- Fetal fibronectin. Fibronectin is a biological glue that helps attach the fetal sac to the uterine lining. It is normally seen in vaginal secretions up to 22 weeks of pregnancy, then not until 1 to 3 weeks before delivery. A swab is used to take a sample of vaginal secretions between 22 and 34 weeks of pregnancy. If fibronectin is seen, a woman appears to be at increased risk of premature labor. This test shows moderate success in predicting who will not deliver prematurely. In some cases, this test may be combined with a measurement of cervical length to increase accuracy.
Researchers continue to develop new tests for identifying women who will deliver prematurely. Many of the new tests measure biological markers associated with the various routes that lead to premature delivery, such as the stress-related hormone CRH or various immune and clotting factors. To date, tests that measure only one of these biological markers have not proven successful, but tests that measure a number of markers are showing some promise.
Medical experts are also looking for variant forms of genes that may increase the risk of preterm labor. This research may lead to improved screening tests.
Who is at increased risk?
Preterm labor and delivery can happen to any pregnant woman. But it happens more often to some women than to others. Researchers continue to study preterm labor and birth. They have identified some risk factors, but still cannot predict which women will give birth too early. Having a risk factor does not mean a woman will have preterm labor or preterm birth. Three groups of women are at greatest risk of preterm labor and birth:
- Women who have had a previous preterm birth
- Women who are pregnant with twins, triplets or more
- Women with certain uterine or cervical abnormalities
If a woman has any of these three risk factors, it's especially important for her to know the signs and symptoms
Some studies have found that certain lifestyle factors may put a woman at greater risk of preterm labor. These factors include:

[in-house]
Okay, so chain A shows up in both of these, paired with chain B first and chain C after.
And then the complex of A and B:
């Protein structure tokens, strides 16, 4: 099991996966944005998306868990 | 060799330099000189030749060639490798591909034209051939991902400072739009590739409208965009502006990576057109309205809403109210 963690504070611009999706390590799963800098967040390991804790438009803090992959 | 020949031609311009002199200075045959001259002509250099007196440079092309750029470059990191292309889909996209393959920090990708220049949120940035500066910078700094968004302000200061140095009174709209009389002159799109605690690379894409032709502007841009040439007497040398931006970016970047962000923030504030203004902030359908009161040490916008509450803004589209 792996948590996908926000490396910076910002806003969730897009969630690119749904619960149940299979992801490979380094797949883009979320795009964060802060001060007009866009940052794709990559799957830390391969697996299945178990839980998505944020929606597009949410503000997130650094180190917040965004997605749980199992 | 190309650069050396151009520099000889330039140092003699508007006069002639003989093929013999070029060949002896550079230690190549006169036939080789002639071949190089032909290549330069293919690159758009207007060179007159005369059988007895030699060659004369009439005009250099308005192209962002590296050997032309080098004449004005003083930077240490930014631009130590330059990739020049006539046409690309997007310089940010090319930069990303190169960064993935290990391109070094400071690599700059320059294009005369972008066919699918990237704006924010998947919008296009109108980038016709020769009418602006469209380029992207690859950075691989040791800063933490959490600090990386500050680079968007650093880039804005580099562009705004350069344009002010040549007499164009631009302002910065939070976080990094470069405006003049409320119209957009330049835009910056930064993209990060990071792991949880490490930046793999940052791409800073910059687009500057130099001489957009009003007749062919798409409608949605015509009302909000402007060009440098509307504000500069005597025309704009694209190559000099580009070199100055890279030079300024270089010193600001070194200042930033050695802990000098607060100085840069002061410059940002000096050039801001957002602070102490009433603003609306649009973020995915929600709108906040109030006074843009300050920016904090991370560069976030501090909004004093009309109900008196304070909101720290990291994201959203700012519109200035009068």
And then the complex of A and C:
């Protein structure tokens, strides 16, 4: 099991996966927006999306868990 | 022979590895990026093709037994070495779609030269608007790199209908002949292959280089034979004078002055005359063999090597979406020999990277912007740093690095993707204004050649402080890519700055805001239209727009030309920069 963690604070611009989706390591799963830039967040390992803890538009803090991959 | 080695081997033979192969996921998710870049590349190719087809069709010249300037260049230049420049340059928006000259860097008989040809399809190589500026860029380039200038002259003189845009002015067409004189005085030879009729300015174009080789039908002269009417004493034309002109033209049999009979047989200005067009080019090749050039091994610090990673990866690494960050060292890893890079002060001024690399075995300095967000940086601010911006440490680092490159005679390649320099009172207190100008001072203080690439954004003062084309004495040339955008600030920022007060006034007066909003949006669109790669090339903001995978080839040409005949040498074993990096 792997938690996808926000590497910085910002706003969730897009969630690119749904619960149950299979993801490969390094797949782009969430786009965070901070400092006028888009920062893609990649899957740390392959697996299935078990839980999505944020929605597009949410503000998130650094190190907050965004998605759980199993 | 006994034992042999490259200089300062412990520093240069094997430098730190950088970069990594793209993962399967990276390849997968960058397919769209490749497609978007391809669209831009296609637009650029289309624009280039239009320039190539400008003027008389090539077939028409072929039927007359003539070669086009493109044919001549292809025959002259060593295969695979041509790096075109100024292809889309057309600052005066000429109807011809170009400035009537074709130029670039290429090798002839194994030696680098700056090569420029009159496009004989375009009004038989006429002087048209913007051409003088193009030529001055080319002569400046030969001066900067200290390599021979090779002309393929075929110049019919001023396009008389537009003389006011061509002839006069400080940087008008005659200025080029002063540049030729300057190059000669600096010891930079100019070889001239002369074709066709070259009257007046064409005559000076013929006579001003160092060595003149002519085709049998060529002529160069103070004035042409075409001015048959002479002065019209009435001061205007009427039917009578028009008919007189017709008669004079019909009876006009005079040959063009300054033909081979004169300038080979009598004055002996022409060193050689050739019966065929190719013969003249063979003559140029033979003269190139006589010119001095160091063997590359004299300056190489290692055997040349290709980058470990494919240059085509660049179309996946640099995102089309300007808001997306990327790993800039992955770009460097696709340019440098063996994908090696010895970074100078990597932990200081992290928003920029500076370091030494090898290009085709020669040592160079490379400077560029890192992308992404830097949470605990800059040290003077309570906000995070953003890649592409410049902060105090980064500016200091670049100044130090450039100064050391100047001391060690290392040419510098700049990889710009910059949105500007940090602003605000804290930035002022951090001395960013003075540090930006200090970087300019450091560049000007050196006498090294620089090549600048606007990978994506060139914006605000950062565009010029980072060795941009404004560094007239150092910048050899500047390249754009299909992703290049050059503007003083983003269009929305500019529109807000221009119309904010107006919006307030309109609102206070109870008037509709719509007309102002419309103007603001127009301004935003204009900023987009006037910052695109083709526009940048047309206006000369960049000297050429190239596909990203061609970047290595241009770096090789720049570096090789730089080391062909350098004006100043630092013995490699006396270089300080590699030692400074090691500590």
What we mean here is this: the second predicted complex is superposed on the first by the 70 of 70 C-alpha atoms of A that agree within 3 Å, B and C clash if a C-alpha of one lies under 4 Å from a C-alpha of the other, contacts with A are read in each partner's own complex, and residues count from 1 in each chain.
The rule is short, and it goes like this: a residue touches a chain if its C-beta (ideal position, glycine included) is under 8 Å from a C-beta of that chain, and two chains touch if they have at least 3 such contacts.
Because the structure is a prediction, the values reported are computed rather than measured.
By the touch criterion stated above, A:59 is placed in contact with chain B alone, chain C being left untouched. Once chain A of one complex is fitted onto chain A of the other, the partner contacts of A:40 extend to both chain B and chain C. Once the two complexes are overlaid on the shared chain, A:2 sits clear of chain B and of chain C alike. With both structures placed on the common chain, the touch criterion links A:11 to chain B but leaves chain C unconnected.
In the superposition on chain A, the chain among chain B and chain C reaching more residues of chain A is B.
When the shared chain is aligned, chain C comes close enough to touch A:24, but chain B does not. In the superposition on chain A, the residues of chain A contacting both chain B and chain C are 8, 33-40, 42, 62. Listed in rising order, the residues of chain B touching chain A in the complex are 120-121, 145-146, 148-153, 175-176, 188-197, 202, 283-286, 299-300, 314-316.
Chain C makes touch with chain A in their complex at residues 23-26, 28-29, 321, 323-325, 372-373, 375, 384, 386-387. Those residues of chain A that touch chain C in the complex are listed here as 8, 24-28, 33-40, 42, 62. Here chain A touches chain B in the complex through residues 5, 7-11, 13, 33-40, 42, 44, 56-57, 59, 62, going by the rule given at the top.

- Late or no prenatal care
- Drinking alcohol
- Using illegal drugs
- Exposure to the medication DES
- Domestic violence, including physical, sexual or emotional abuse
- Lack of social support
- Extremely high levels of stress
- Long working hours with long periods of standing
- Exposure to certain environmental pollutants
Certain medical conditions during pregnancy may increase the likelihood that a woman will have preterm labor. These conditions include:
- Infections (urinary, vaginal, sexually transmitted; possibly others)
- High blood pressure and preeclampsia
- Clotting disorders (thrombophilia)
- Bleeding from the vagina
- Certain birth defects in the baby
- Being pregnant with a single fetus after in vitro fertilization (IVF)
- Being underweight before pregnancy
- Short time period between pregnancies (less than 6 to9 months between birth and the beginning of the next pregnancy)
- Medical researchers also have identified certain groups of women who are at increased risk of having a premature baby.
These groups include:
- African-American women
- Women younger than 17 and older than 35
- Women who have a low income
Experts do not fully understand why and how these factors increase the risk that a woman will have preterm labor or birth.
Can treatment prevent premature birth?
Over the years, doctors have tried various strategies to help prevent premature delivery, including bedrest, intensive prenatal care for high-risk women and drug therapy to stop uterine contractions. None of these are routinely effective, though they may help some individuals.